Methane has an uphill route to become a mainstream motor vehicle fuel

Source: Mansfield News Journal

Natural gas prices are back up around that magic mark of $4 per unit thanks to a winter that keeps hanging on, but experts say that if producers want to find enough buyers for all the recently mapped shale gas reserves, including Ohio’s Utica Shale, then they need to diversify the end uses of natural gas.

Natural gas already has forced its way into the power generation market as a way to supplement its primary use as a heating fuel. But another pool of potential customers is out there: drivers.

Clean Fuels Ohio has played a central role in the nascent natural gas vehicle movement in Ohio. Its program director, Andrew Conley, says it just needs a little push.

“The technology is there, the fuel is in the ground here in Ohio and everything is ready to go,” Conley said. “It’s just a matter of having the right kind of policy framework.”

The prospect of a system of natural-gas filling stations is real enough that the Center for Automotive Research at Ohio State University is in the midst of quantifying the jobs that could result. The head of the research team, Jim Durand, said findings could be ready by summertime.

A series of new shale discoveries, including Ohio’s Utica Shale, teamed with advancements in hydraulic fracturing and horizontal drilling helped create a glut of natural gas, which drove down prices and tamped investor enthusiasm for getting more gas from the Utica and elsewhere to market.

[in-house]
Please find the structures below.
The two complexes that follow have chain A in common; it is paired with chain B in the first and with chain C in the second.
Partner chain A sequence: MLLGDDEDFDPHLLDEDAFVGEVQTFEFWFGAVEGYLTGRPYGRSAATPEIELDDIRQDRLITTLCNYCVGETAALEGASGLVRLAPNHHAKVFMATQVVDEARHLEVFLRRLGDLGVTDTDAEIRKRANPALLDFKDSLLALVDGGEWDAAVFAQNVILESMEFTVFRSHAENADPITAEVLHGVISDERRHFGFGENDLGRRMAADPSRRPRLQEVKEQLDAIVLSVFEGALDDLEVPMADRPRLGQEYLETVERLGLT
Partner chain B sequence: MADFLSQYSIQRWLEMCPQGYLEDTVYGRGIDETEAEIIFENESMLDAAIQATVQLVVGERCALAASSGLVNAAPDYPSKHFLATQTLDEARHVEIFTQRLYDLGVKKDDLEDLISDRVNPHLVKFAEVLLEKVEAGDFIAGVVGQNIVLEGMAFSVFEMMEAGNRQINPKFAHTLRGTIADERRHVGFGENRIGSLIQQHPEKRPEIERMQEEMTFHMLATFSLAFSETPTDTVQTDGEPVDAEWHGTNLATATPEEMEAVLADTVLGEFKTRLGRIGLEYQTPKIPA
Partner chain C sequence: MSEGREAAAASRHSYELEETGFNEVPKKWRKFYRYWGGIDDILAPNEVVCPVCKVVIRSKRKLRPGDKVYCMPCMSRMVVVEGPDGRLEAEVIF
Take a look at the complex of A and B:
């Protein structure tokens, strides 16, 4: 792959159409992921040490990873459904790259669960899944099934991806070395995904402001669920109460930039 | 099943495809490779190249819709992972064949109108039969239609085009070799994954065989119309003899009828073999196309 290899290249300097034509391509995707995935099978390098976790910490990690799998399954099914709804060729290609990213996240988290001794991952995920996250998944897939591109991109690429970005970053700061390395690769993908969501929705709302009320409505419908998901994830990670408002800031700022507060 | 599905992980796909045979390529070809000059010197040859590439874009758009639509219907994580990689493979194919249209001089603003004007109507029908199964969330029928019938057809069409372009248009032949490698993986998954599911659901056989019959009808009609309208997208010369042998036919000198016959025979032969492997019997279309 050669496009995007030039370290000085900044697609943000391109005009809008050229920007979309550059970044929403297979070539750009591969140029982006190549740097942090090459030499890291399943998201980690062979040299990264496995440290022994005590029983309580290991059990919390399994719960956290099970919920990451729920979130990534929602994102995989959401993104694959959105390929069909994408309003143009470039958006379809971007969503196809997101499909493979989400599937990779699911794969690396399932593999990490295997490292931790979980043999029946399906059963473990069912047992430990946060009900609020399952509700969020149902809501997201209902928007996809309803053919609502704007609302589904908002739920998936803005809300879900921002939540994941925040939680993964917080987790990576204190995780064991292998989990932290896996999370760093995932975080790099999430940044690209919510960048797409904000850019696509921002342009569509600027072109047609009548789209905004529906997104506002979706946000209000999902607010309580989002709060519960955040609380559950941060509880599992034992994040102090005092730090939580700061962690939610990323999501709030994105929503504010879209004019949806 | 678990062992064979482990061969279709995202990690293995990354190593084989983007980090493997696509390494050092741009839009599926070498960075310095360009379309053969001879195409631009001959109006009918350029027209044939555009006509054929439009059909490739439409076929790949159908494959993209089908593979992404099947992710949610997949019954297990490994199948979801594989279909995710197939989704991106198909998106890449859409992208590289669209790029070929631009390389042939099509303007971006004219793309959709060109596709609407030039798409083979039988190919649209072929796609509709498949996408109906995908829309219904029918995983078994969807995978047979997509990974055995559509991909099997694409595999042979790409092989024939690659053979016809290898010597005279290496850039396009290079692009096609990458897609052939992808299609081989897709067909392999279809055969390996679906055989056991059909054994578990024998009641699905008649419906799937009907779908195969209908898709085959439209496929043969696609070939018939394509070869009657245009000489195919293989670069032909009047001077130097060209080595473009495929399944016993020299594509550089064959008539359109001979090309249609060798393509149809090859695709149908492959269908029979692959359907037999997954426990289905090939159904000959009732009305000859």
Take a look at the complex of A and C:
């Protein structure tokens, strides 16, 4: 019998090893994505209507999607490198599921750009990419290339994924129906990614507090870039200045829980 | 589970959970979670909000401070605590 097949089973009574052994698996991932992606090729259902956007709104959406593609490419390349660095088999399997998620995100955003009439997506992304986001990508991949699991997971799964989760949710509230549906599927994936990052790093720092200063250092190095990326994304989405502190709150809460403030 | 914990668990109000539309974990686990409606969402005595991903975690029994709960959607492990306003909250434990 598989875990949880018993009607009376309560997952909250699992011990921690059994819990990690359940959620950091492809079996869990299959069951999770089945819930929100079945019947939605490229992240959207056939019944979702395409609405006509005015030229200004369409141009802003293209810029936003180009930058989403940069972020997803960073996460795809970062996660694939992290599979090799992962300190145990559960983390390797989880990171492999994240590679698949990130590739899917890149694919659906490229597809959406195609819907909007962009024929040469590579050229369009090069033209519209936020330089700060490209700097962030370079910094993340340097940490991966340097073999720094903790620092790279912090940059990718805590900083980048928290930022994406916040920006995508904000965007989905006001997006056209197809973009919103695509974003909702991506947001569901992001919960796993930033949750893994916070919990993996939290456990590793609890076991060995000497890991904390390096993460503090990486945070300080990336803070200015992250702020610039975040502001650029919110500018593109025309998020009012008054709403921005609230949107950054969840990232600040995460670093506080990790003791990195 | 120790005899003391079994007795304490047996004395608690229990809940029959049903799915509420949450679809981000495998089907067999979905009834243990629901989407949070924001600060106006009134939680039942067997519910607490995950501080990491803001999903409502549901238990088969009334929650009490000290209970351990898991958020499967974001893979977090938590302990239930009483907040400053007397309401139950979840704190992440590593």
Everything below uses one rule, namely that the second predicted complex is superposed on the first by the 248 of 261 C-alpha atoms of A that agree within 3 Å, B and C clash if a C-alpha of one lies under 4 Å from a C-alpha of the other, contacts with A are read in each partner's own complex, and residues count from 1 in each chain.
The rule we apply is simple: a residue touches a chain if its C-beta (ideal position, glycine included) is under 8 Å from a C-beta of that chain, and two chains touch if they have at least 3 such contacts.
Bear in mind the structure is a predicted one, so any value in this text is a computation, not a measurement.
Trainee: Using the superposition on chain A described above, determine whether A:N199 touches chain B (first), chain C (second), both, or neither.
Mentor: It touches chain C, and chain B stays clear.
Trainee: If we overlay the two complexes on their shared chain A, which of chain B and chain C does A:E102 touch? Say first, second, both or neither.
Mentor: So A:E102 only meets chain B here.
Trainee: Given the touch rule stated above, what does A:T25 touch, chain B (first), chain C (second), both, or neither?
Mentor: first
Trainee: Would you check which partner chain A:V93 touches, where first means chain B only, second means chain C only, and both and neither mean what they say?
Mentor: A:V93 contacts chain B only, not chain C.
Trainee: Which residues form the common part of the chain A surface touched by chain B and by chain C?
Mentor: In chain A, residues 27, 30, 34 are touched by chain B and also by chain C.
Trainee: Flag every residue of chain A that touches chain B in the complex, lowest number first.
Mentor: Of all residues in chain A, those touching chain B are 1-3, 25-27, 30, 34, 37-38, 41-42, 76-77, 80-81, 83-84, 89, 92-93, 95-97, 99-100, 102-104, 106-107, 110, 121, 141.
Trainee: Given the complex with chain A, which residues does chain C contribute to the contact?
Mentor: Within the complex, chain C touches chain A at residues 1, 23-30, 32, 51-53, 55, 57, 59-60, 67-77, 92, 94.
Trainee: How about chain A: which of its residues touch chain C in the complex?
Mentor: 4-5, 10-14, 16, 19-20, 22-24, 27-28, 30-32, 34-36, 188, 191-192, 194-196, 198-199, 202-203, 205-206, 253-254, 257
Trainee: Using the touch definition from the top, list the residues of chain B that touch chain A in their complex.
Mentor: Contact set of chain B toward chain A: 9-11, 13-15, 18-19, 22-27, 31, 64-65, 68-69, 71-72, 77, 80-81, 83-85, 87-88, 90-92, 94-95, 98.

But natural gas futures were trading near $4 on Friday, a day after a report from the U.S. Department of Energy showed a continued shrinking of supplies.

There was 500 billion cubic feet less of stored natural gas last week than during the same period in 2012, when a warm winter made a smooth transition to spring for most of the U.S. Natural gas prices kept sliding and ended up below $2 in April 2012. That didn’t exactly lead to a rush to get shale gas out of the ground.

The energy department projects natural gas prices to average $3.42 for the rest of the year, according to its latest short-term energy outlook, and to grow by 20 cents next year.

Douglas Southgate, an economics professor at The Ohio State University who monitors the shale industry, said producers need to find more or greater uses for natural gas if they are ever going to lessen the cyclical risk of a warm winter.

He and others are not convinced natural gas vehicles will be that end use because the prototypical buyer, at least for the moment, is a very select type of business.

Last summer Rumpke purchased 12 natural gas-powered trucks, all running routes from the same base near Cincinnati, to see how the trucks, drivers and their balance sheets responded, said Amanda Pratt, a spokeswoman for the trash collector.

“We were able to gather that data and that research and we found them to be very successful,” she said. “The fuel cost is significantly less. The emissions are significantly less.”

Compressed natural gas, or CNG, which is mostly methane, works for Rumpke for a few reasons.